Crippled: Austerity and the Demonization of Disabled People by Frances Ryan
My rating: ★ ★ ★ ★ ☆
This book is so insightful. It is heavy on facts and statistics but this backs up to points made by the author and the facts and statistics given help support the depth that the author goes into on the different topics she covers in the book.
The chapters are split by different disability related topics such as housing, women, children, work, employment, education and healthcare.
As a young disabled adult I already know the challenges I've faced such as claiming benefits as I'm unable to work and to help me with the extra costs I incur because of my disability and how claiming these benefits this difficult process in filling out the paperwork and being assessed by people who have little knowledge of disability. Or difficulty in accessing healthcare including medication and specialist services (which are often dictated by how much these things cost) and also my experience of desperately trying to get a care package through adult social care.
This book made me realise how hard it will be for me when I try to return to education and the challenges I'll face at University to get the support I need there both for my education then for my accomodation and then the challenges I'll face when I try and get paid work that will fit around my disabilities
For me I enjoy statistics and it really helped paint to the picture of the hardship, ablism and austerity (and much more) that disabled and chronically ill people in the UK face in all aspects of their life.
The book made me realise, despite the many challenges I have faced and will face that I'm one of the lucky ones. I haven't had to go to a tribunal to get my PIP (Personal Independence Payments) that will help me with the extra costs of having a disability. Though I am struggling to get some healthcare services my experience so far has mostly been great and I feel blessed to have such as good healthcare team.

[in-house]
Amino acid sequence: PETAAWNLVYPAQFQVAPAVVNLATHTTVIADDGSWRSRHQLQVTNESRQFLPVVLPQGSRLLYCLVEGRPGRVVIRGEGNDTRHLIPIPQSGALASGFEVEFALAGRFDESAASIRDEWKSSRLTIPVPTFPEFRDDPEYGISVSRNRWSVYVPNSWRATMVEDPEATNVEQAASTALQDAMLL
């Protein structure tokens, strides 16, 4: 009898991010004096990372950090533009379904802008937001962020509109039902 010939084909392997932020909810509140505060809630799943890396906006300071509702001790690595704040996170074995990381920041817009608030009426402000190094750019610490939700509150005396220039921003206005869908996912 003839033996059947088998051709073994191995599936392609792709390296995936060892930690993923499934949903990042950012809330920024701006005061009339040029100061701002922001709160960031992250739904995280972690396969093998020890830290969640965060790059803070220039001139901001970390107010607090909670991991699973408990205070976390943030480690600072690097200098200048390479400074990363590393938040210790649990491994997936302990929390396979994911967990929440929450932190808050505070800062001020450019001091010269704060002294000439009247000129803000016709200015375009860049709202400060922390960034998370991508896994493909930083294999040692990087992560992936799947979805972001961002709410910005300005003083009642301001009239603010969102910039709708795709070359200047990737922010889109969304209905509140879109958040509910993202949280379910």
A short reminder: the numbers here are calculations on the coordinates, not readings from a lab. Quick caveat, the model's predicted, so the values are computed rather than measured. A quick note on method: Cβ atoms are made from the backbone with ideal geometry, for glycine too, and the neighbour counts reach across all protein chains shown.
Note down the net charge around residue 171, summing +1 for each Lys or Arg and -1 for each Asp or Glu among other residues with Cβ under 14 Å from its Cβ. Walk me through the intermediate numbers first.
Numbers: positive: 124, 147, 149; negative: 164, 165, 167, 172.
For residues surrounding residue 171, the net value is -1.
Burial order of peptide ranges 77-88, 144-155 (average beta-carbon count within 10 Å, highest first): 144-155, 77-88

I have access to my specialised prescribed nutritional shakes unlike some disabled people interviewed in the book who aren't able to access specialist meals or can't afford electricity to store their refrigerated medication such as insulin.
As well as the book being heavy on facts and statistics it also features a lot of case studies of disabled people which help, I felt, made the book more relatable and realistic. You could hear real stories of real people and the real situations and challenges that these people featured have faced.
I think that featuring case studies alongside the factual elements and statistics have made this a really insightful (I listened to it as an audiobook which is great for accessibility).
However I don't think that this book would be for everyone as some people may find the facts and statistics cited too much - it did take me a while to listen to this book partly because I wanted to keep up with understanding the book but I also had other books on the go too - but if you can I would seriously recommend to give this book a go at reading/listening to.
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